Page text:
NAfME’s Professional Development eKit: A Blueprint for Alabama Music Educators

Edward Ted C. Hoffman, III, University of Montevallo Becky Halliday, University of Montevallo Alden H. Snell, II, Eastman School of Music Lisa M. Gruenhagen, Bowling Green State University

Music teacher professional development is critical to improving instruction and increasing teacher retention. To disseminate elements of effective professional development, members of NAfME’s Society for Music Teacher Education “Professional Development for Experienced Teachers” and “Professional Development for Beginning Teachers” areas for Strategic Planning and Action created a Professional Development eKit, available at development/professional-development-ekit/. In Figure 1, we share a visual of the eKit you can share with fellow teachers, administrators, and professional development provid

The Professional Development eKit is based on seven fundamental principles of professional development. We share each principle, accompanied by a brief description. We then offer suggestions for aligning these principles with existing professional development opportunities in the State of Alabama.

Effective Professional Development…

Is musical. Music teacher professional development should be content and context specific, providing teachers opportunities to improve their own musicianship while learning ways to improve their students’ musicianship. Teachers with an instrumental music background may require support when asked to teach general music or a music technology course. Similarly, a change in grade levels taught could necessitate a refresher in skills and techniques for teaching different age groups.

Is not “one size fits all”—it differentiates between needs of beginning and experienced teachers. Effective mentoring is important for beginning teachers. Their needs are unique depending on context of their new position and their teacher preparation experiences. Early- to mid-career teachers need support in making changes to improve student achievement; one way to do this is to study teaching practice. Veteran teachers require ways to organize their wisdom to help newcomers and find ways to stay current with contemporary educational policy and expectations.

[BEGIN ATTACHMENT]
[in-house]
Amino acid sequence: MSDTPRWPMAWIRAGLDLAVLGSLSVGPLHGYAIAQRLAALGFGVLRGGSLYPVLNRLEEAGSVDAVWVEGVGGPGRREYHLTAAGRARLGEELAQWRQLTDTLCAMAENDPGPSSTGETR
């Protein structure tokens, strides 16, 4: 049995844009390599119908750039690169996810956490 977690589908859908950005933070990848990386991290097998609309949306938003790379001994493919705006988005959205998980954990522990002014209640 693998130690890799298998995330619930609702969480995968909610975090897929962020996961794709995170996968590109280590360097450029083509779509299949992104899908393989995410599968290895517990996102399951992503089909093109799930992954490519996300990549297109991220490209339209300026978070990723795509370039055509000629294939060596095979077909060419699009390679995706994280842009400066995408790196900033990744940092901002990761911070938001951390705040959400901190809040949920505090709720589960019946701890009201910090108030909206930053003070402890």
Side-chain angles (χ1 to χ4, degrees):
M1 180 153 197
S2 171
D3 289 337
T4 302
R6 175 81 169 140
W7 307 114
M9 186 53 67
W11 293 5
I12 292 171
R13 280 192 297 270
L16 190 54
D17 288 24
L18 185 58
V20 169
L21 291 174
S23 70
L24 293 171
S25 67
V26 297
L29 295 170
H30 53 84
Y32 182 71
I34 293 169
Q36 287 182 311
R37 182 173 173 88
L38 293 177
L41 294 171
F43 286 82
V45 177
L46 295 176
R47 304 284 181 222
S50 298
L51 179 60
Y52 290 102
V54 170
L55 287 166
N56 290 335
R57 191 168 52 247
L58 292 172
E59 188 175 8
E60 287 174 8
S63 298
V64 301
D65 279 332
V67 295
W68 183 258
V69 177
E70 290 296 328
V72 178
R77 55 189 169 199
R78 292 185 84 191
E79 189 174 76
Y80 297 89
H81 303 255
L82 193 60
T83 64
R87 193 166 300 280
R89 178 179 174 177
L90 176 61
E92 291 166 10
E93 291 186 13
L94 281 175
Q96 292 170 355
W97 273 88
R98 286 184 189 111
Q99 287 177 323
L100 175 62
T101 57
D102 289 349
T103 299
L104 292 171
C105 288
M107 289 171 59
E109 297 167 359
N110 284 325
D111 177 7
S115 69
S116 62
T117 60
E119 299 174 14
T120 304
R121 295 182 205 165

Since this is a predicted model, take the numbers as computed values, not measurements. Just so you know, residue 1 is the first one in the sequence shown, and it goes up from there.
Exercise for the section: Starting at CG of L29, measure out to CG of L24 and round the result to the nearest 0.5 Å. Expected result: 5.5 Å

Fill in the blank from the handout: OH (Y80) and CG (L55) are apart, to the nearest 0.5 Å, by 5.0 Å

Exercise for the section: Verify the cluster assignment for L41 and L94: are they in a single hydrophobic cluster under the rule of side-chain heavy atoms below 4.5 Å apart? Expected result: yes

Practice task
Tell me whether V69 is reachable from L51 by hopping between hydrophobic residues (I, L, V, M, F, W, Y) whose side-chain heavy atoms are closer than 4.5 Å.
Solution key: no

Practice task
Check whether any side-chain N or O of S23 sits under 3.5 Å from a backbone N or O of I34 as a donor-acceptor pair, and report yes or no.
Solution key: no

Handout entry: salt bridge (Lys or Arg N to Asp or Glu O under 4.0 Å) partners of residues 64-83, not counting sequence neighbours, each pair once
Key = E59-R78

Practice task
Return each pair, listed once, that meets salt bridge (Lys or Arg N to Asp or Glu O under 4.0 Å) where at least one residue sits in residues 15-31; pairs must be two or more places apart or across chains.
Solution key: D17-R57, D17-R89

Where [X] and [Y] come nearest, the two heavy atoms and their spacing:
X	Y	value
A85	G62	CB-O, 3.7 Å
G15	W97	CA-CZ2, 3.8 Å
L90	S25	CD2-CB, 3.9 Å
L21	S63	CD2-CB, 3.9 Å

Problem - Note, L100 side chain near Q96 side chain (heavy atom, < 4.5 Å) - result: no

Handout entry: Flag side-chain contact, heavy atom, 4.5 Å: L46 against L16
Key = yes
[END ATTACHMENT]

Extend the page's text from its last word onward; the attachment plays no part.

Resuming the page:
Places teachers in a supportive community of learners. Collaboration with a community of peers is critical to combatting music teacher isolation, a common challenge for music educators. Communities can be formed in many ways, including in person at the school, district, county, or state level, or online. Teachers may find it helpful to participate in a community of teachers who teach similar content, grade levels, or years of teaching experience.

Is voluntary and features autonomy and choice. Teachers learn best when they have input choosing their role. Beginning and early career teachers may benefit from release time for observing other teachers. Mid- to late-career teachers may benefit from facilitating teacher meetings or mentoring student teachers. Providing teachers